A fine mature sauvignon
Chatting to Christian Eedes recently about his competition for ten-year old wines, and regretting that it was only for reds, I suddenly remembered an older white I’d neglected to mention in my last little blog. My forgetting to include it says more about the state of my mind than the state of the wine that evening in Riebeek-Kasteel.
Quoin Rock’s maiden Nicobar Sauvignon Blanc, from 2007, received much early acclaim. It managed to convey its great quality to beat the odds and triumph over at least two biggish line-ups, getting not only five Platter stars but also a 2009 Trophy Wine Show trophy.
From the start it showed all the racy, vibrant freshness of its Agulhas origins, but this was tempered and coaxed into sheer loveliness by a little residual sugar (as with German rieslings with the same level of sweetness, sugar simply wasn’t evident), and by fermentation and maturation in older oak. (Almost as a rule, my favourite local sauvignon blancs have been barrel-matured: like Reyneke White, Chamonix, the occasional Cape Point, and this.)
From release, there was a defining note of blackcurrant to the Nicobar 2007, and it’s still there. The wine has developed beautifully, gained a bit of serenity and fullness, perhaps, but is still immensely fresh and lively, pleasingly balanced. At six years, there’s none of the asparagus, green pea character which (to my mind and palate) adds an unwelcome touch to too many sauvignons of that sort of age.
Nicobar is only made in the best vintages. The 2009 was pretty near as good – I haven’t tasted it recently – and I’m not really sure about the 2011; I must try it again properly, my enthusiasm rekindled by this marvellous 2007. Of which I’m glad to say I still have one bottle left, which I’ll broach in a year or so; I think it is the only Cape sauvignon blanc that I have ever actually bought - let alone three bottles!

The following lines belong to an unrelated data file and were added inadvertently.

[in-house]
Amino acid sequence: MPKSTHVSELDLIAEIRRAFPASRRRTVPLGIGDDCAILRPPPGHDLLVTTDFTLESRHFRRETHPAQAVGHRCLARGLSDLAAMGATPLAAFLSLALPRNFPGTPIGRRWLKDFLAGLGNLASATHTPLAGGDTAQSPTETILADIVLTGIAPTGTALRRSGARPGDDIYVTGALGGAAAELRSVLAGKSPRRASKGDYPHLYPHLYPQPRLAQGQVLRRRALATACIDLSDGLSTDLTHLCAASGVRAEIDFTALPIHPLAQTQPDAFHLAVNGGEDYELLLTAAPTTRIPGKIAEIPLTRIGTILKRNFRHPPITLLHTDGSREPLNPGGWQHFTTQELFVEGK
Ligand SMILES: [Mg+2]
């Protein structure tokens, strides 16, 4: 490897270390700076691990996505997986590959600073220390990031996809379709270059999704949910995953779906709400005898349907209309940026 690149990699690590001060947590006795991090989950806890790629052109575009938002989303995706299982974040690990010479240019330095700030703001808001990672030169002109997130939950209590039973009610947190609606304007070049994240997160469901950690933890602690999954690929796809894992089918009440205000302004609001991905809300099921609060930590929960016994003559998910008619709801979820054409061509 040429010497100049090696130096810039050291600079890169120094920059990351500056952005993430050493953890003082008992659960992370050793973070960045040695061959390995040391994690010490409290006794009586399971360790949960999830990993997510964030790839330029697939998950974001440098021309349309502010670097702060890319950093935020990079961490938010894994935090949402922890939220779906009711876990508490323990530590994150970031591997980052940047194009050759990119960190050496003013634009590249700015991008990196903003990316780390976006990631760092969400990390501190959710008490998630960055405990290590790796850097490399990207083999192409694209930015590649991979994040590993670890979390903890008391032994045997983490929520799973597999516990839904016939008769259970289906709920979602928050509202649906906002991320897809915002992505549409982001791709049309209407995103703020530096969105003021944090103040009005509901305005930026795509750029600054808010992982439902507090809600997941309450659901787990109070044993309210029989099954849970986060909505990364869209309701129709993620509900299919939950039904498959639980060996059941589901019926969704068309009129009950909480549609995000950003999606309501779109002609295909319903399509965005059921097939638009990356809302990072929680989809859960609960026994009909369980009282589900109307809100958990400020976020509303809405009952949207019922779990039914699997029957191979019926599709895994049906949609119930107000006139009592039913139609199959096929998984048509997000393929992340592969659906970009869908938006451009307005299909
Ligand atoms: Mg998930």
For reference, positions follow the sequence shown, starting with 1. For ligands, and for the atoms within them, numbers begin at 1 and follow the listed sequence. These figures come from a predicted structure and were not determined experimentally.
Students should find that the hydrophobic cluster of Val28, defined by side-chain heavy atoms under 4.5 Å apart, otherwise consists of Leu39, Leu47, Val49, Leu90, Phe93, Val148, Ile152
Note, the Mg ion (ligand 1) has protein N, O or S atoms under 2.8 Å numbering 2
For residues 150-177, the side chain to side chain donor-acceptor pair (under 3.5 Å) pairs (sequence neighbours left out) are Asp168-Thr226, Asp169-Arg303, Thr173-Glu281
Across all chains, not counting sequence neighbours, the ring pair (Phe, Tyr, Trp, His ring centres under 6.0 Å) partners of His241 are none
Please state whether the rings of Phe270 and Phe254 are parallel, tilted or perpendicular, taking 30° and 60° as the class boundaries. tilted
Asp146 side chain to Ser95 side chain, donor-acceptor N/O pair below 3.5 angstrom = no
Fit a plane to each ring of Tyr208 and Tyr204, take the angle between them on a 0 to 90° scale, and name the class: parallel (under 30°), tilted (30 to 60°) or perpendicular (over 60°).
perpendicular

Two remaining thoughts, then – one, that I hope that Quoin Rock is pulling itself together well after its recent sale to help pay off Dave King’s debt to SARS. I remember at the time of the sale to a Ukrainian businessman, reading of a warning from Mr. King that legal challenges (presumably from him) might even see the new owner eventually losing the estate, but haven’t heard more of that. I must go and find out what’s happening there.
The other thought that, again, it would be good to have more events that show the ageability of the best Cape white wines. The trouble is that the cellars don’t always keep stocks of the stuff themselves – a point Christian made. Perhaps the competition can extend to white wines – but it’ll probably only be for five-year olds, which will be a good start.
I have no doubt that there are 2003s that would have shown well this year. Maybe even a couple of sauvignons and rieslings, certainly a handful of chardonnays (Hamilton Russell and Chamonix for a proven start). And some blends, though 2003 was still early days for both the Bordeaux-style and Swartland-style whites. But Vergelegen White was showing spectacularly well (and youthfully) last year. Trouble is – even Vergelegen doesn’t have any left.